Only one major candidate has the experience, skill and ability for the job of controller: Andrew Martin. He is a CPA and has long experience auditing public books, including the federal government’s. The Sun endorses Andrew Martin.
The race for attorney general has become the highest-profile race on the ballot. Adam Laxalt and Ross Miller are both from political families, but only one candidate has the necessary skills for the position.
Laxalt, a Republican, is the grandson of former governor and Sen. Paul Laxalt, but has scant legal experience. A performance review from his law firm called him a “train wreck.” He points to his experience as a Navy lawyer, and while we appreciate his service, none of it seems to be related to the Attorney General’s Office. Laxalt may one day be a good candidate, but he hasn’t been in Nevada long, and people barely know him. And the idea that someone described as a “train wreck” of a lawyer could be Nevada’s top lawyer and chief law enforcement officer is chilling.
Miller, on the other hand, has proven courtroom experience as a prosecutor, and he has run a state agency — the Secretary of State’s Office. In that role, he has distinguished himself as an aggressive advocate for transparency in government and campaign reporting. There is simply no comparison between the candidates. Given his experience in the courts and in state government, Miller is by far the best choice. He is skilled and well suited for the position. The Sun endorses Ross Miller.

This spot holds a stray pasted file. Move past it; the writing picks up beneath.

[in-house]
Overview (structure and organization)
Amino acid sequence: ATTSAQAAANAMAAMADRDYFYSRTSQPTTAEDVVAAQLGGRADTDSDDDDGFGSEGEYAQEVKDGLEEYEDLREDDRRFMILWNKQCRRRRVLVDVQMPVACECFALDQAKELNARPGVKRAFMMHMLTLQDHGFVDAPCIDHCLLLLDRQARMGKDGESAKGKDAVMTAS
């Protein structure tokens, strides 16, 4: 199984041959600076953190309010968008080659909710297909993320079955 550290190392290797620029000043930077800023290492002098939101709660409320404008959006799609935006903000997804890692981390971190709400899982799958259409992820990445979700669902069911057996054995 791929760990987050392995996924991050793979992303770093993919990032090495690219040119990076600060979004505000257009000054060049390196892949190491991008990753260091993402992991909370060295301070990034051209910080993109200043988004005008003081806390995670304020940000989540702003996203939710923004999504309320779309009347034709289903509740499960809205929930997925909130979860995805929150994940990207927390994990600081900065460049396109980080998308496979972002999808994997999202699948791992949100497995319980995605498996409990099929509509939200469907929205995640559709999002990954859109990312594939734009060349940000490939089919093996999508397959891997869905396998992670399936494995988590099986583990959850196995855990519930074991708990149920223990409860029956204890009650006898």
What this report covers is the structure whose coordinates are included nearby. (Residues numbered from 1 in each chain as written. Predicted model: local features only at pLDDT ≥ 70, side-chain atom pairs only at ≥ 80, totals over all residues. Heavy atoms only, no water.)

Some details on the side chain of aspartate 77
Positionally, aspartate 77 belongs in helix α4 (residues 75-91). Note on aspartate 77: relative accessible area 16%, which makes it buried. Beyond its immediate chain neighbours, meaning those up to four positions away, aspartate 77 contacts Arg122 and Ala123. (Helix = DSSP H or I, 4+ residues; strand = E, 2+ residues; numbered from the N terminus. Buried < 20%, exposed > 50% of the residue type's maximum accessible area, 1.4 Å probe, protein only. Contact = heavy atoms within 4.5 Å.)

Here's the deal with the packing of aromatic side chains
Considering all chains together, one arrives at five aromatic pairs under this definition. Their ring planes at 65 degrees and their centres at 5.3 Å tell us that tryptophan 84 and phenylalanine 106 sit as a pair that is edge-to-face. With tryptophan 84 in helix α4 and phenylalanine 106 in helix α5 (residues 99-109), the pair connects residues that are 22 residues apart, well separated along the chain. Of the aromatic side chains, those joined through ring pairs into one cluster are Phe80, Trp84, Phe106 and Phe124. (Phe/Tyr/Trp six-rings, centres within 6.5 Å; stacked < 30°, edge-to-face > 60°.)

District 1: As she has proved in more than two decades of public service in the Legislature and in Congress, Dina Titus, a Democrat, is a passionate advocate for the people she represents. She has not disappointed the people of her district and should be returned to Congress. The Sun endorses Dina Titus.
District 3: In the past election, we endorsed Joe Heck, and we respect and admire Heck. He cares about Nevada and its people. In this election, however, sending Heck back to Congress is endorsing his party and thus empowering the Tea Party, which has done nothing but keep Congress — and the nation — bottled up in gridlock.
As a solitary Republican, Heck hasn’t been able to stand up to the Tea Party, and we know that his Democratic challenger, Erin Bilbray, will. She’s a passionate advocate for Nevada, having grown up here, and she knows the political terrain well. Her recent work on a variety of women’s issues has been stellar, and we have no doubt she would represent the variety of needs of her district well. She is an outstanding candidate. The Sun endorses Erin Bilbray.
District 4: Democratic Rep. Steven Horsford has gone to great lengths to serve his entire district in his first term and regularly shows up in far-flung parts of it. His work in Congress was vital for the passage of a much-needed lands bill in the mining town of Yerington. And his work in the urban areas has been no less enthusiastic or diligent. Horsford has done a first-rate job in his freshman term. The Sun endorses Steven Horsford.